Join Adam Crespi for an in-depth discussion in this video Designing wayfinding systems, part of Unity: Level Design.
We play games to immerse ourselves in a place or an experience that we are not in currently.…Very few of us will actually travel to, say Casablanca.…Even fewer of us will be an ace chef sent there to source out local ingredients.…Therefore, this game is interesting to play at least we'd hope, because it is…offering people a chance to do something that they will probably not do.…What we need to do then in our game, is give the player a way to acquaint…themselves in the surroundings. As we can see in this image, there aren't…really signs present, and a lot of the construction is the same stuff.…
That rough plaster over masonry, or something similar.…The one bright blue spot, the tile down at the bottom right is a good possibility for…a way finding system. Also the pavers here, these hexagonal or…at least six sided, almost fish scale like pavers, might provide us a way to tell…people where they are in this city. We may also want to look at liked…merchants grouped together, or liked functions.…This happens to be the rug merchant zone, for example, where the rug merchants all…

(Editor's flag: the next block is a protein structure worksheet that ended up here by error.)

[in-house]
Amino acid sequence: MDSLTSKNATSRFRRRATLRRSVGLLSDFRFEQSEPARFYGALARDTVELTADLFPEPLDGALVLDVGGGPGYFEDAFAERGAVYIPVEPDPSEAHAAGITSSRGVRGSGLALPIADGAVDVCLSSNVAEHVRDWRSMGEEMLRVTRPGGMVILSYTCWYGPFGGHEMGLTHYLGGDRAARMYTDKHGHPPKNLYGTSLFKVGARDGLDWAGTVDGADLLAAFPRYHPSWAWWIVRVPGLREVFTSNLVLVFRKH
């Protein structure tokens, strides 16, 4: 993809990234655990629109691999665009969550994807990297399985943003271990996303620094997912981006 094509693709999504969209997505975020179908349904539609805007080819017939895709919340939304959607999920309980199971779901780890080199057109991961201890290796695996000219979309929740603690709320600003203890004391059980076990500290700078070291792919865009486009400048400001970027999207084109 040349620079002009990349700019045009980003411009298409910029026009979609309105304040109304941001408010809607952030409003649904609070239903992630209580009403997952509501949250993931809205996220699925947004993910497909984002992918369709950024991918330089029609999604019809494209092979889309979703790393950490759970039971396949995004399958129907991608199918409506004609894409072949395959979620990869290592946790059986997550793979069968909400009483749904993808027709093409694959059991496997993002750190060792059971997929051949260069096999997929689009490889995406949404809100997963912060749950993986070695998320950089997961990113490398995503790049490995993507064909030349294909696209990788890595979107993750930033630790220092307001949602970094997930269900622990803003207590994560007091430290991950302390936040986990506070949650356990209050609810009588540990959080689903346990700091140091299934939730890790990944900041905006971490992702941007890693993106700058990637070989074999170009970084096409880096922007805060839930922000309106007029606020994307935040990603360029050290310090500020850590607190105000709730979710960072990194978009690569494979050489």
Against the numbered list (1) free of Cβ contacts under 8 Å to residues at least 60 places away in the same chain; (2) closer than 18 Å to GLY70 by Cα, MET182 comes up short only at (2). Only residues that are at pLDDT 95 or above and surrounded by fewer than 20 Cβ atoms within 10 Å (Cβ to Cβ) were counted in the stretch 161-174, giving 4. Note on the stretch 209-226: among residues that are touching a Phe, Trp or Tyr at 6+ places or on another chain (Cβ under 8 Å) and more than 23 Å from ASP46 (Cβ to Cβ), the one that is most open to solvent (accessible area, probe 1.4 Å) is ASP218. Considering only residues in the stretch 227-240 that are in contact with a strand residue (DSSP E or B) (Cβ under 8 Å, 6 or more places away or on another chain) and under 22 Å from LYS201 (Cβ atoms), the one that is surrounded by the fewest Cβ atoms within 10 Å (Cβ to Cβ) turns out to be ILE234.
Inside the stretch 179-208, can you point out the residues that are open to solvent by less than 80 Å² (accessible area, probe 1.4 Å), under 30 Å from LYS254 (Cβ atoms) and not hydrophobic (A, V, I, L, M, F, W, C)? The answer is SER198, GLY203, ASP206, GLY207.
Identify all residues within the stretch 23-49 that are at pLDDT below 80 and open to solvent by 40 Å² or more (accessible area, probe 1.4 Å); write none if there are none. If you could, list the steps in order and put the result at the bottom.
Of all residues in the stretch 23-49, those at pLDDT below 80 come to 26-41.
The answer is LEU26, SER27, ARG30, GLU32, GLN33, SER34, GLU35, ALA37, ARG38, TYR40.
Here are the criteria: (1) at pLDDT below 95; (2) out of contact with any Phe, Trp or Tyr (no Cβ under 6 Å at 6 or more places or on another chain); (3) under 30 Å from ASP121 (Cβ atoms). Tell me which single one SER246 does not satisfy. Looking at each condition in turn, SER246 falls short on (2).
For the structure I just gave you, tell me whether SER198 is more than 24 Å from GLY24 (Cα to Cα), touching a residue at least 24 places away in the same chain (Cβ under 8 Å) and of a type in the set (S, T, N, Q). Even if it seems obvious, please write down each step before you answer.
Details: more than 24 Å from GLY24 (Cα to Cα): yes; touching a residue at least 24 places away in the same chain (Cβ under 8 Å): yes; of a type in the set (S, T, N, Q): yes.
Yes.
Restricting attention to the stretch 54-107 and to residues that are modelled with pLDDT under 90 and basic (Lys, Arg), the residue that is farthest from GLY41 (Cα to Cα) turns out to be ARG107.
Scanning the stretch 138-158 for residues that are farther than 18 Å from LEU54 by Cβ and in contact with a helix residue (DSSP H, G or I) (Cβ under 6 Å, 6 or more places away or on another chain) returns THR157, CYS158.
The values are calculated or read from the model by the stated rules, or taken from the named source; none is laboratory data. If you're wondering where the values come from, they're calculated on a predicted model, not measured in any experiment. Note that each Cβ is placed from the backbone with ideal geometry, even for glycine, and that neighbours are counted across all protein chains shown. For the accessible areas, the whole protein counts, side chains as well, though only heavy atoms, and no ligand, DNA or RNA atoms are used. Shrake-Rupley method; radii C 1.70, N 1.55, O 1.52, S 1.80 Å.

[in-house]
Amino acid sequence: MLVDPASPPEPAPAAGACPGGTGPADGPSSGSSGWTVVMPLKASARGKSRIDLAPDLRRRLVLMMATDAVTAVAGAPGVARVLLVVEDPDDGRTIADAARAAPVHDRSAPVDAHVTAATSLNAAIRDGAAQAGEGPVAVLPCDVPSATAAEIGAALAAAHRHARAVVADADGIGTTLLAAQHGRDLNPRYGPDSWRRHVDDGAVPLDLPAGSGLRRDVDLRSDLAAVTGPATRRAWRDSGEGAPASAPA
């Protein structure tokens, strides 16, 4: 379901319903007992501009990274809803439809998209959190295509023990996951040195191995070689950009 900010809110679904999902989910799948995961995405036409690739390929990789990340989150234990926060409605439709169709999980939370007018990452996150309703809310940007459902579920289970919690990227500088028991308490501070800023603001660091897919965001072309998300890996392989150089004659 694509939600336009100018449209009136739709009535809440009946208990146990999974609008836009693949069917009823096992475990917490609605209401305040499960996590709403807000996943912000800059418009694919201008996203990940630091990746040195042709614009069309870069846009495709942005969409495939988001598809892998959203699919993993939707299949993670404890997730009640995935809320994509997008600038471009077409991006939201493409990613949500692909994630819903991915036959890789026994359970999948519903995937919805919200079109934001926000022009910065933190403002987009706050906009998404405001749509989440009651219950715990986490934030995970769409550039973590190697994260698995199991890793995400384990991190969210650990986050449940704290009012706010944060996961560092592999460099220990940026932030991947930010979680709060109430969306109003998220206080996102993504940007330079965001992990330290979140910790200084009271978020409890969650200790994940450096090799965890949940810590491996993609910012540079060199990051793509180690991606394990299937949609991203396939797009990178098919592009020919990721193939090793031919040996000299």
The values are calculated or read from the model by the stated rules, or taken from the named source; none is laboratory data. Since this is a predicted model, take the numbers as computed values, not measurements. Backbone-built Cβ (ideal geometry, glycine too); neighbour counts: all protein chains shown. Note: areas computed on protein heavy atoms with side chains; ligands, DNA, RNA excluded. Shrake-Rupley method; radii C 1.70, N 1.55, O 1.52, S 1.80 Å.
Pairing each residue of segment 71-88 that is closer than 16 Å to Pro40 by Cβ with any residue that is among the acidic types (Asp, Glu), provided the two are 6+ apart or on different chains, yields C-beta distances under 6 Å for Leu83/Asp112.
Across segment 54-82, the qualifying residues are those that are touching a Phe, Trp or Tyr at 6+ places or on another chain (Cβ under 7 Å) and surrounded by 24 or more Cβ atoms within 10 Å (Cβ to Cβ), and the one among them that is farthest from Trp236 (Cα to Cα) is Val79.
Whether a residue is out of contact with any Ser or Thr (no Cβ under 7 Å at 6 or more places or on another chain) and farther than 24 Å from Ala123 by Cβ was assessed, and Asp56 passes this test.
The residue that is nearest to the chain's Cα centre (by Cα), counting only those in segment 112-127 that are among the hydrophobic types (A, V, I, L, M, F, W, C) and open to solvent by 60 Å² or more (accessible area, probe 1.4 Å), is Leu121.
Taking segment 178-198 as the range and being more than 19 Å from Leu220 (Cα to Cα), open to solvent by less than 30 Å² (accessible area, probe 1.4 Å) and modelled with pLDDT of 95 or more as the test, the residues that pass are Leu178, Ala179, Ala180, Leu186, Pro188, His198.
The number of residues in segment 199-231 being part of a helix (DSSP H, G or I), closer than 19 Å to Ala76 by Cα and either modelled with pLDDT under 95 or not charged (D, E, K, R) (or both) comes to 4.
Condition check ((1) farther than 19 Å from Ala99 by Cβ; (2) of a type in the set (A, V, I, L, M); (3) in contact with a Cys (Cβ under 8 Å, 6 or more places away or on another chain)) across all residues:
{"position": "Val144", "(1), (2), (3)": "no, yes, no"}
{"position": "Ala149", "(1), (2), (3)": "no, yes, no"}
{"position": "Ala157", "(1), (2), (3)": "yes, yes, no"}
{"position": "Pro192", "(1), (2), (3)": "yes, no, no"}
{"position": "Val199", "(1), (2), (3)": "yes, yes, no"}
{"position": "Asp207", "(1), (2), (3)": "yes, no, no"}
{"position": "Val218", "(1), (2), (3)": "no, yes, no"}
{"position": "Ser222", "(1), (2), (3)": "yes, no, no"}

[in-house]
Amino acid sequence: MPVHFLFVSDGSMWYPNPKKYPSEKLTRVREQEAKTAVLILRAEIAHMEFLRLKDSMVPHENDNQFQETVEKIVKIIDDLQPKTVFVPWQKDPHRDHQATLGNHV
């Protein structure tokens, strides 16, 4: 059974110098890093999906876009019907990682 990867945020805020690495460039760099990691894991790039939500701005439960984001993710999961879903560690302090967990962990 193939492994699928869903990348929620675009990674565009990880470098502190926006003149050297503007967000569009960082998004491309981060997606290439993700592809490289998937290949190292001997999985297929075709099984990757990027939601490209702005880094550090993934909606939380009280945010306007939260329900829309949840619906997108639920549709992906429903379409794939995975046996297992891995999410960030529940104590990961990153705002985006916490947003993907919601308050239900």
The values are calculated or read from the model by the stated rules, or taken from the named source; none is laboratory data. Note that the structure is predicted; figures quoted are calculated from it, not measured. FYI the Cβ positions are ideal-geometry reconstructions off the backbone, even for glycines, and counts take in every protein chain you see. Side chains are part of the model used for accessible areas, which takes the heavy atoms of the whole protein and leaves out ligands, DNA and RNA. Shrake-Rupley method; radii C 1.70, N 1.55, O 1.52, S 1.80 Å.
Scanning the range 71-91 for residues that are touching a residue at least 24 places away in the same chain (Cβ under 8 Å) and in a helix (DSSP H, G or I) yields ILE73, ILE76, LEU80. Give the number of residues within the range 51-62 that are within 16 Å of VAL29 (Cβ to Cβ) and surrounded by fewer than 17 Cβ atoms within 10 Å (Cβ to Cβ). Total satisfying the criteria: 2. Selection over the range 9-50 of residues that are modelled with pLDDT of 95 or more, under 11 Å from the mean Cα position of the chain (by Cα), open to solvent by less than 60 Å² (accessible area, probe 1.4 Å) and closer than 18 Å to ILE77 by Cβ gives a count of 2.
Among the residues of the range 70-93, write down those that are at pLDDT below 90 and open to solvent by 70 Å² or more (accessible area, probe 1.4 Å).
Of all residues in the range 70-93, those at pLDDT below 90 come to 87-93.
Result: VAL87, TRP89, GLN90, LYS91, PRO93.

Note: This course places a strong emphasis on modular construction techniques and resource optimization as part of the design process, which will help your build process be more lean, nimble, and efficient. A basic knowledge of Autodesk 3ds Max or Maya, and Adobe Photoshop is recommended.
- Setting goals for the player
- Planning the player path
- Bounding the world invisibly
- Defining player scale and field of view
- Using and joining modular elements
- Setting up prefabs
- Adding ambient animation
- Opening doors
- Making stairs walkable
- Lighting scenes